Background HSD3B1 (1245A>C) has been mechanistically linked to castration-resistant prostate cancer because it encodes an altered enzyme that augments dihydrotestosterone synthesis from non-gonadal precursors. We postulated that men inheriting the HSD3B1 (1245C) allele would exhibit resistance to androgen-deprivation therapy (ADT). Methods In this multicohort study, we determined HSD3B1 genotype retrospectively in men treated with ADT for post-prostatectomy biochemical failure and correlated genotype with long-term clinical outcomes. We used data and samples from prospectively maintained prostate cancer registries at the Cleveland Clinic (Cleveland, OH, USA; primary study cohort) and the Mayo Clinic (Rochester, MN, USA; post-prostatectomy and metastatic validation cohorts). In the post-prostatectomy cohorts, patients of any age were eligible if they underwent prostatectomy between Jan 1, 1996, and Dec 31, 2009 (at the Cleveland Clinic; primary cohort), or between Jan 1, 1987, and Dec 31, 2011 (at the Mayo Clinic; post-prostatectomy cohort) and were treated with ADT for biochemical failure or for non-metastatic clinical failure. In the metastatic validation cohort, patients of any age were eligible if they were enrolled at Mayo Clinic between Sept 1, 2009, and July 31, 2013, with metastatic castration-resistant prostate cancer. The primary endpoint was progression-free survival according to HSD3B1 genotype. We did prespecified multivariable analyses to assess the independent predictive value of HSD3B1 genotype on outcomes. Findings We included and genotyped 443 patients: 118 in the primary cohort (who underwent prostatectomy), 137 in the post-prostatectomy validation cohort, and 188 in the metastatic validation cohort. In the primary study cohort, median progression-free survival diminished as a function of the number of variant alleles inherited: 6·6 years (95% CI 3·8–not reached) in men with homozygous wild-type genotype, 4·1 years (3·0–5·5) in men with heterozygous variant genotype, and 2·5 years (0·7 to not reached) in men with homozygous variant genotype (p=0·011). Relative to the homozygous wild-type genotype, inheritance of two copies of the variant allele was predictive of decreased progression-free survival (hazard ratio [HR] 2·4 [95% CI 1·1–5·3], p=0·029), as was inheritance of one copy of the variant allele (HR 1·7 [1·0–2·9], p=0·041). Findings were similar for distant metastasis-free survival and overall survival. The effect of the HSD3B1 genotype was independently confirmed in the validation cohorts. Interpretation Inheritance of the HSD3B1 (1245C) allele that enhances dihydrotestosterone synthesis is associated with prostate cancer resistance to ADT. HSD3B1 could therefore potentially be a powerful genetic biomarker capable of distinguishing men who are a priori likely to fare favourably with ADT from those who harbour disease liable to behave more aggressively, and who therefore might warrant early escalated therapy. Funding Prostate Cancer Foundation, National Institutes of Health, US Department of Defense, Howard Hughes Medical Institute, American Cancer Society, Conquer Cancer Foundation of the American Society of Clinical Oncology, Cleveland Clinic Research Programs Committee and Department of Radiation Oncology, Gail and Joseph Gassner Development Funds.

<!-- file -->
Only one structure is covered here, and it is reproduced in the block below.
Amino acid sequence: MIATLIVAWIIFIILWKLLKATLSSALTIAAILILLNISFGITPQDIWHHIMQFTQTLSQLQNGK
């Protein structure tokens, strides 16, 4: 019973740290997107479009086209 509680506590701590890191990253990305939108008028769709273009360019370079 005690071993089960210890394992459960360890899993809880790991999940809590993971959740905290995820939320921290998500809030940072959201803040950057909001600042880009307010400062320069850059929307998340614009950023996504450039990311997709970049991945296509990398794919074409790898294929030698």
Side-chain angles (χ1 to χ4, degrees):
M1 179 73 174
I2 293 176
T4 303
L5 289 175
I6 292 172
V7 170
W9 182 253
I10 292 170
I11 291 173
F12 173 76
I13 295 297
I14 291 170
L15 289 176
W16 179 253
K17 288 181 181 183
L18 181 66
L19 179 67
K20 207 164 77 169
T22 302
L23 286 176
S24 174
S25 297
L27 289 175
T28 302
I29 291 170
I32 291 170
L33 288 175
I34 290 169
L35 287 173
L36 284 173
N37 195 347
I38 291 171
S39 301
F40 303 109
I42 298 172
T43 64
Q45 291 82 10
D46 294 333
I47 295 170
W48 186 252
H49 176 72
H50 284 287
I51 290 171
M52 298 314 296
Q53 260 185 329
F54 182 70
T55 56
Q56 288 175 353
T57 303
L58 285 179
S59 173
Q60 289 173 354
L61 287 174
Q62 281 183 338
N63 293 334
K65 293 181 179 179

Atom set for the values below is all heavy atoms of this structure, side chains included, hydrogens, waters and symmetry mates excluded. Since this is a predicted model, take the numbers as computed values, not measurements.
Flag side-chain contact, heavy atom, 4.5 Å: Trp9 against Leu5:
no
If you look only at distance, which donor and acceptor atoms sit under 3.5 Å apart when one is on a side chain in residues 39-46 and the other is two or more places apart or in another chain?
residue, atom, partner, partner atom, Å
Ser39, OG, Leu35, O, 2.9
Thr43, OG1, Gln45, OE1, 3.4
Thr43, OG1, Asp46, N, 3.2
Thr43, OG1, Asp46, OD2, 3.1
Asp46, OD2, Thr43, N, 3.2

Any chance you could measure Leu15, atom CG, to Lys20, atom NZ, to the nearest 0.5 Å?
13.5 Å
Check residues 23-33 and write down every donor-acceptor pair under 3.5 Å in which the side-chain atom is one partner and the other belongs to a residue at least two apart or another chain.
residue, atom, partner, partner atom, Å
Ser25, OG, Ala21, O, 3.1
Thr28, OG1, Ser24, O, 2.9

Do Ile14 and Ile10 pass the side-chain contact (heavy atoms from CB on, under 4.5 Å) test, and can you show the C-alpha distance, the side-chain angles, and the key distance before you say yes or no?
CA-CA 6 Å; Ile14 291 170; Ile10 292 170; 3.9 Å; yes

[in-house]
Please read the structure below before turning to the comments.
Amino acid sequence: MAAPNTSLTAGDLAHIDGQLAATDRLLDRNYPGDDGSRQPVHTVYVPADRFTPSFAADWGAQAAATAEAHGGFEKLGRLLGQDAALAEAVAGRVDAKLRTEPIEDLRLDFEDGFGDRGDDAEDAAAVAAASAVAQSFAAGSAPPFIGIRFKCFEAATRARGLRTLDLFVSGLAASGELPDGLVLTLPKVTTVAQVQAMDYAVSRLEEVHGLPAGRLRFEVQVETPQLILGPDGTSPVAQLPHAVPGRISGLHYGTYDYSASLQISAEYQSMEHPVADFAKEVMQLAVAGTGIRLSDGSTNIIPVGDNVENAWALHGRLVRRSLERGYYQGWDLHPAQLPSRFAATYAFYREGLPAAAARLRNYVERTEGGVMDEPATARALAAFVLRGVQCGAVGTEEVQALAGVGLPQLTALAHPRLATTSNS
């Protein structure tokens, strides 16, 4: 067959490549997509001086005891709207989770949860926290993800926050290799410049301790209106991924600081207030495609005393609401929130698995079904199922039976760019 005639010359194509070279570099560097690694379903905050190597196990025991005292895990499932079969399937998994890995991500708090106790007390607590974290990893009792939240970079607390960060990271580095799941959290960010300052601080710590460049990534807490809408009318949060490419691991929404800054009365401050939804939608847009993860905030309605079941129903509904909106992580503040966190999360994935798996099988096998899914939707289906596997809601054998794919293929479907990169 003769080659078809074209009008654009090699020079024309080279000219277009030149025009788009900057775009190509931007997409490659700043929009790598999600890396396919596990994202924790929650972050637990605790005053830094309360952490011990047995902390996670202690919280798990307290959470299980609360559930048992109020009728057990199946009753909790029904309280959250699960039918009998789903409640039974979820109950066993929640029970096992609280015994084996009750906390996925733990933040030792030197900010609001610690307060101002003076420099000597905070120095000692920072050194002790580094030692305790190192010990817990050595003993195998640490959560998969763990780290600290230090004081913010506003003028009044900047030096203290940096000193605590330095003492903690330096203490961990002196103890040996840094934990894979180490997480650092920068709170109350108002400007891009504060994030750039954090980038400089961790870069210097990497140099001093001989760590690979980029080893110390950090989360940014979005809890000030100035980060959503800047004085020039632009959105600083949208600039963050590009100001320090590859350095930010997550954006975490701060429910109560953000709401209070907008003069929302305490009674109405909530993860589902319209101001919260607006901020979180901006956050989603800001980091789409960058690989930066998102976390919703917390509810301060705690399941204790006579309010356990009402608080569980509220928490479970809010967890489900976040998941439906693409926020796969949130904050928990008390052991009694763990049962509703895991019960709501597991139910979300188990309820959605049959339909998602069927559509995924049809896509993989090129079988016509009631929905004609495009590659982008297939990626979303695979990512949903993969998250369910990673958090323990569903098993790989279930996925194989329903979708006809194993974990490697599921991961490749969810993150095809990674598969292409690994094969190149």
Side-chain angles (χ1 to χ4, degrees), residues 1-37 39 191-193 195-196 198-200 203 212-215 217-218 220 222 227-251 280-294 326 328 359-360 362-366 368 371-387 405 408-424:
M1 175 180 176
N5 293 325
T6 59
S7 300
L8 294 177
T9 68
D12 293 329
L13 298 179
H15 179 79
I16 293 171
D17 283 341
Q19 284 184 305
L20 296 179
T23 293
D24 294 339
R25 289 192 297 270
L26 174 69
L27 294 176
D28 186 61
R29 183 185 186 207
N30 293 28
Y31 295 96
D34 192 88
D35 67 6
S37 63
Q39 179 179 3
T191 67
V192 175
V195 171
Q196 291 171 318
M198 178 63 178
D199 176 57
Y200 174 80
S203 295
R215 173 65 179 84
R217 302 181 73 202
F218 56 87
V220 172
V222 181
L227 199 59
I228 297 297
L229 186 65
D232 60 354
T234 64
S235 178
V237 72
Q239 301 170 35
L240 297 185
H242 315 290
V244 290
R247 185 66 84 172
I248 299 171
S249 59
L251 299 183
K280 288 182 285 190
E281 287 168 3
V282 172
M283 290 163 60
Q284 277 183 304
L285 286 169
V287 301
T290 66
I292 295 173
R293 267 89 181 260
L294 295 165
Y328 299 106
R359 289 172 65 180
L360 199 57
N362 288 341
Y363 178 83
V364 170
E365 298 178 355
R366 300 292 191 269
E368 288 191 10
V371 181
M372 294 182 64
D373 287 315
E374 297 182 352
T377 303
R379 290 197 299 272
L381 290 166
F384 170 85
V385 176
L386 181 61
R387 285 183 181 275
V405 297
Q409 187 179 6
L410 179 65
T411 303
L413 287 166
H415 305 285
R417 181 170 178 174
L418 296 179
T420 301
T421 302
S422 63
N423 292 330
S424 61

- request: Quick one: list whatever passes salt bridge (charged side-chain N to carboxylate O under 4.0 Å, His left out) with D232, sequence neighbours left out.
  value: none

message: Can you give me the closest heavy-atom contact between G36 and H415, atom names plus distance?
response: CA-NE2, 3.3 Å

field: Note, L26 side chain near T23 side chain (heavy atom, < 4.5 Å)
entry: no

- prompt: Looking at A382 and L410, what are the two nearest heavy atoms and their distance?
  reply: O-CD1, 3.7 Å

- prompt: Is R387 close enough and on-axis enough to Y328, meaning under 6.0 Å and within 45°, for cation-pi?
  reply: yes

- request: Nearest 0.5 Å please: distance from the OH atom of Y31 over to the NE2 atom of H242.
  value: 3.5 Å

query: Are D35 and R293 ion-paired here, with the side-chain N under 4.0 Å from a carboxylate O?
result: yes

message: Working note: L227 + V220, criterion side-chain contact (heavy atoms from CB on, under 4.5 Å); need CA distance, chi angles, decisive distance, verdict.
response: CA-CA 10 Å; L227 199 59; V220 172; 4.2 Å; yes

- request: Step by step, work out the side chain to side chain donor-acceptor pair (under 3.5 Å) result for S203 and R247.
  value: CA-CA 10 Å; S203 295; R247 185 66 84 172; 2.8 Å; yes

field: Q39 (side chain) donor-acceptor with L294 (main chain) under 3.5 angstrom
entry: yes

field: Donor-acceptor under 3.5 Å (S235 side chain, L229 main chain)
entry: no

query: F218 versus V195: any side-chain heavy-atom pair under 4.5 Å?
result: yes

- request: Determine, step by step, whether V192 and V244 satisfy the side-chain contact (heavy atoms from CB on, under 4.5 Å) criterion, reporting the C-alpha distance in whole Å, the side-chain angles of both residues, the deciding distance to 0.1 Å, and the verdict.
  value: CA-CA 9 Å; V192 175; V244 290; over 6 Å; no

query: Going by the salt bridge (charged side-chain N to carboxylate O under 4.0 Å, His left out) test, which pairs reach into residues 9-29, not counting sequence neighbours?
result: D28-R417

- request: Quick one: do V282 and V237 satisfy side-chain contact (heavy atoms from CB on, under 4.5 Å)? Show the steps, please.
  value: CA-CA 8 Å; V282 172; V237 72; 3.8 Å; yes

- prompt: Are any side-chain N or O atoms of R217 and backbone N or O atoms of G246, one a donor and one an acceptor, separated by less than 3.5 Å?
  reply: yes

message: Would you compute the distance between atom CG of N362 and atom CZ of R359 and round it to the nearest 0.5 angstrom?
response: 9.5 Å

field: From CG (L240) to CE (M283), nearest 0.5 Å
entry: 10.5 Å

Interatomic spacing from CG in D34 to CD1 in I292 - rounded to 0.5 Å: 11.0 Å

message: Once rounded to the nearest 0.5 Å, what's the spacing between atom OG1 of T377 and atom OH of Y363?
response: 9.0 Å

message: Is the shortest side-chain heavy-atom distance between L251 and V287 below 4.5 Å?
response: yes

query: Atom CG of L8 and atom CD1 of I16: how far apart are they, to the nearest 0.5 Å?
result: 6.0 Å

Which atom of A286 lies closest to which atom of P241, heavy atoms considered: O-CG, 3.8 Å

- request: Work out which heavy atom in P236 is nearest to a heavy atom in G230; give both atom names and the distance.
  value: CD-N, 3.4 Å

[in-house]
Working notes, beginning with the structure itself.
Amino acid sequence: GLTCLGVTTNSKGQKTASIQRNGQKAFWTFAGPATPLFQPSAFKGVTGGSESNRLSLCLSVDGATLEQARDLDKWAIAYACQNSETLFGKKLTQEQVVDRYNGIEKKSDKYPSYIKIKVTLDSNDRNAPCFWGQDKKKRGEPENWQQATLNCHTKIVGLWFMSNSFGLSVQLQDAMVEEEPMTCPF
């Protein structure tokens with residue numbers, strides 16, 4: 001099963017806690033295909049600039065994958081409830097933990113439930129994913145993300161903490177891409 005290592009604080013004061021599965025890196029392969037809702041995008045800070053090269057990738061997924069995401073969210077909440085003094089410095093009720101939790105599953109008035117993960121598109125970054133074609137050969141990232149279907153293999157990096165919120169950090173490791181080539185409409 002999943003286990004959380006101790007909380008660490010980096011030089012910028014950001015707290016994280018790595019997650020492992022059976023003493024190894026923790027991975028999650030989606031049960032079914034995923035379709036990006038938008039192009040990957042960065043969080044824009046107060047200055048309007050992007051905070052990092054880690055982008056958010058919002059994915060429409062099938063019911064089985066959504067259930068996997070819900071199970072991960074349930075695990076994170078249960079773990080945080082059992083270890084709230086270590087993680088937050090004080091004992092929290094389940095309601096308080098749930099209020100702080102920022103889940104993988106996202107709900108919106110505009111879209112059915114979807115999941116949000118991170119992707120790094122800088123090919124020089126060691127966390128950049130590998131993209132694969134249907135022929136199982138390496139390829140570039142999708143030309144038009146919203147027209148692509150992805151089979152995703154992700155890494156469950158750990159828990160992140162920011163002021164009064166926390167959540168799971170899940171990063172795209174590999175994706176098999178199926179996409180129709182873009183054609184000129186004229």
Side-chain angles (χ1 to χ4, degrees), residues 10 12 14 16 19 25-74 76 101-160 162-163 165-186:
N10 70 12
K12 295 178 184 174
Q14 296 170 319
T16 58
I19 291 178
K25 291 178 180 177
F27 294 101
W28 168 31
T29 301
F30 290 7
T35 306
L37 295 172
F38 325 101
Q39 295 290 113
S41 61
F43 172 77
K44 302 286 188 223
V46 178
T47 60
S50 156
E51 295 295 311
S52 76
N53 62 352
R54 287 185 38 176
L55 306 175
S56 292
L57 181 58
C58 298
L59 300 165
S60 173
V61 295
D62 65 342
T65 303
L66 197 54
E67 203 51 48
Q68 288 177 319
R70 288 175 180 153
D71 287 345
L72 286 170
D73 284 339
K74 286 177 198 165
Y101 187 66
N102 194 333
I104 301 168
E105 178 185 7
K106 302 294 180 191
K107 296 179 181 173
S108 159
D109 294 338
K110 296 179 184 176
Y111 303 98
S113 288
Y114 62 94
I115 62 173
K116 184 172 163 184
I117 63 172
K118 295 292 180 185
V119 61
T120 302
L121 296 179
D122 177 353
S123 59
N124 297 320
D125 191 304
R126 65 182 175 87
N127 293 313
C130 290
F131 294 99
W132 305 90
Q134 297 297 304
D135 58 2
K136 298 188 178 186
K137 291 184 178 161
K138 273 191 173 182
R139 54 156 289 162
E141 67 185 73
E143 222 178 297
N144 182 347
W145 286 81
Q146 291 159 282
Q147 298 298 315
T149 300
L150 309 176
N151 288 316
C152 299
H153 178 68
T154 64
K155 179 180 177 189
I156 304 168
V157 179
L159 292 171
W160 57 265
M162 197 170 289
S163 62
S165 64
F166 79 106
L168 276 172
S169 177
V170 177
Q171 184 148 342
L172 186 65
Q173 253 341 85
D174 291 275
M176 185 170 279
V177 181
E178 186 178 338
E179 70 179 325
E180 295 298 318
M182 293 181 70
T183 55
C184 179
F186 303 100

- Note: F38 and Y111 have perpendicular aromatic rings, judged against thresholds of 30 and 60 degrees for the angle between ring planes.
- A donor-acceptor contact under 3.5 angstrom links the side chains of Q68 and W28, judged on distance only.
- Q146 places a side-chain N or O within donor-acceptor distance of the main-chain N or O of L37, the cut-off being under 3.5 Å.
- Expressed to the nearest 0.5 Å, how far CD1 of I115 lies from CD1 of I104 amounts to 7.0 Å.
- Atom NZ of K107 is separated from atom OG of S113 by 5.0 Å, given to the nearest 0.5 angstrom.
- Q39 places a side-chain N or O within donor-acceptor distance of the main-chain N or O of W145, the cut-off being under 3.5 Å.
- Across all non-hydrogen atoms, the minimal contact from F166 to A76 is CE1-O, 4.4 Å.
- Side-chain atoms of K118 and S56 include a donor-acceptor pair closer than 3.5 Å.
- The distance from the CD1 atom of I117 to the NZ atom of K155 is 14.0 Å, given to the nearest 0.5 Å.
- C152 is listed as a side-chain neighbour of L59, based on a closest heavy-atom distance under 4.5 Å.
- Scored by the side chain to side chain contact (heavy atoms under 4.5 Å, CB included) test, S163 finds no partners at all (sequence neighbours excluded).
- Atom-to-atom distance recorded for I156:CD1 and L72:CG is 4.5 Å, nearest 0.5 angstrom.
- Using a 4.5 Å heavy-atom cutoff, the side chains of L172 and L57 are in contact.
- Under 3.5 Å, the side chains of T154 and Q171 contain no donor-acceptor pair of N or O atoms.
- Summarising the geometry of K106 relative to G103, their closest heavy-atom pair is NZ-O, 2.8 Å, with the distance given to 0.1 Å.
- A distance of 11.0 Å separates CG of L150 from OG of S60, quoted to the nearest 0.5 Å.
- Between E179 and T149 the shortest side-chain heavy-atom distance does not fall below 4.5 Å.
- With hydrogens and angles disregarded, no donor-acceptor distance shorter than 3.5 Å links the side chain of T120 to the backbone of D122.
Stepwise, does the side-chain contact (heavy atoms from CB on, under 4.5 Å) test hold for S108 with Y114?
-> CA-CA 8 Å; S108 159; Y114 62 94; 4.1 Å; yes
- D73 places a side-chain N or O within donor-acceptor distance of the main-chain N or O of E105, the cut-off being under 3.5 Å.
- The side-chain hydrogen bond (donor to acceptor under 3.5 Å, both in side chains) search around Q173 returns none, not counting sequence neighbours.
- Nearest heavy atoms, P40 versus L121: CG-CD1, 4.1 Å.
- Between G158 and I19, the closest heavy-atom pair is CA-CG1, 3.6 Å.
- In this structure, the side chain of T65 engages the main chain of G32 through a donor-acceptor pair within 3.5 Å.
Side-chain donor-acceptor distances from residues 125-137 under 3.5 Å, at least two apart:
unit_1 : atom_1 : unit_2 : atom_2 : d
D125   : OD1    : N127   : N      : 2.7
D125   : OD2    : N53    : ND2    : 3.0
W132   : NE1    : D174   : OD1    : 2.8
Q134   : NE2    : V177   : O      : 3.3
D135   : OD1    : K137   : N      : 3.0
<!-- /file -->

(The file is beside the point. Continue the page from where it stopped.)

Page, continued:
ASJC Scopus subject areas